Competition Law: Scope Of Cartels, DG Powers Among Key Provisions Notified By Government
Centre notifies clarificatory provisions of the Competition Amendment Act; withholds implementation of several key changes.
Inclusion of hub-and-spoke cartels, penalty quantum and enhanced powers of anti-trust regulator's investigation agency are some of the key provisions of the Competition Amendment Act that have been notified by the government.
The Competition Amendment Act, 2023, had received the Parliament and presidential assent last month. It had brought some major changes to the competition law, including the introduction of a deal value threshold for merger control, changes in the definition of material influence, a settlement mechanism for anti-competitive agreements, and a revision of the basis of penalties. However, the Ministry of Corporate Affairs is yet to notify any of these significant changes.
For now, effective May 18, the following provisions have come into effect:
Hub and Spoke Arrangements
Companies, which are not engaged in identical or similar business activities, can also be held liable for an anti-competitive horizontal agreement if they participate in facilitating such an agreement.
Such arrangements are implemented vertically through restrictions placed on suppliers or retailers, without any direct contract between similarly placed parties.
The definitions of anti-competitive agreements was amended to include such arrangements.
The limitation period to report any conduct barred under the Competition Act can now only be done within three years from the date of the cause of action.
However, the CCI is free to condone such a delay if there are sufficient reasons for it. Prior to the amendment, there were no restrictions on when the information could be filed.
From now on, the CCI can choose to not examine a complaint of an anti-competitive agreement or abuse of dominance, if it has already decided on it or substantially the same facts and issues in a previous order.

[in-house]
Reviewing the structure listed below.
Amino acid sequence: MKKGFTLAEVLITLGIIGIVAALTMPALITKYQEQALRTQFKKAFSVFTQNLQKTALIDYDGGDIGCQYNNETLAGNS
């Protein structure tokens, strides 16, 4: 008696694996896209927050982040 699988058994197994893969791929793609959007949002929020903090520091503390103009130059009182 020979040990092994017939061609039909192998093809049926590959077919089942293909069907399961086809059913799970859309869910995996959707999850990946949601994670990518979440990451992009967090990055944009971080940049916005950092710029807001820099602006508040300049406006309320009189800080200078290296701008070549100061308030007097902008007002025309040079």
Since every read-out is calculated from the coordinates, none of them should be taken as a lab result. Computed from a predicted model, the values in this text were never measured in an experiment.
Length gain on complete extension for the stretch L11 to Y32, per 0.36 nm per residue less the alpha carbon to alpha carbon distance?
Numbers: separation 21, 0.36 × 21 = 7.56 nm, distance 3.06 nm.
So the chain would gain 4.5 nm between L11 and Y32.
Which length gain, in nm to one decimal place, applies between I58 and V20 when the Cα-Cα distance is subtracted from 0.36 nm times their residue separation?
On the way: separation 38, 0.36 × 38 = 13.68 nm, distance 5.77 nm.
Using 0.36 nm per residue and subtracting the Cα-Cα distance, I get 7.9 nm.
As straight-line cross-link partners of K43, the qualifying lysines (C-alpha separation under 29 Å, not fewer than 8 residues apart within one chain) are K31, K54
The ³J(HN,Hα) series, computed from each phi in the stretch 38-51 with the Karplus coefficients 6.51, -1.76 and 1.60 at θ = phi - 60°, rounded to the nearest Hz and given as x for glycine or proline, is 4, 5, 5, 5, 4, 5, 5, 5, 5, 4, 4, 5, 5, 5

Although the provision in the Amendment Act that makes way for penalties to be calculated basis global turnover has not been notified, the ministry has notified some provisions in respect of penalties.
The maximum penalty for submitting false information and omitting to present material information can now go up to Rs 5 crore. This was increased from the existing penalty of Rs 1 crore.
Additionally, any challenge against the CCI's decision will require a 25% deposit of the penalty for the appeal to be entertained.
The Director General, CCI's investigative arm, can now investigate not just the parties in contravention of the Act but also their agents.
'Agents' here include bankers, legal advisors and auditors of such parties. The DG will also have the power to seize and search, if required, any information, basis an order of the Chief Metropolitan Magistrate. Provisions stipulating the manner in which these documents shall be handled has also been notified.
In order to enhance the transparency to the rule-making process, the notified provision will require the CCI to publish draft regulations for public consultation. It also requires the CCI to publish a general statement before the regulations are notified.
Prior to the amendment, there was no provision that mandated public consultation with respect to the regulatory process.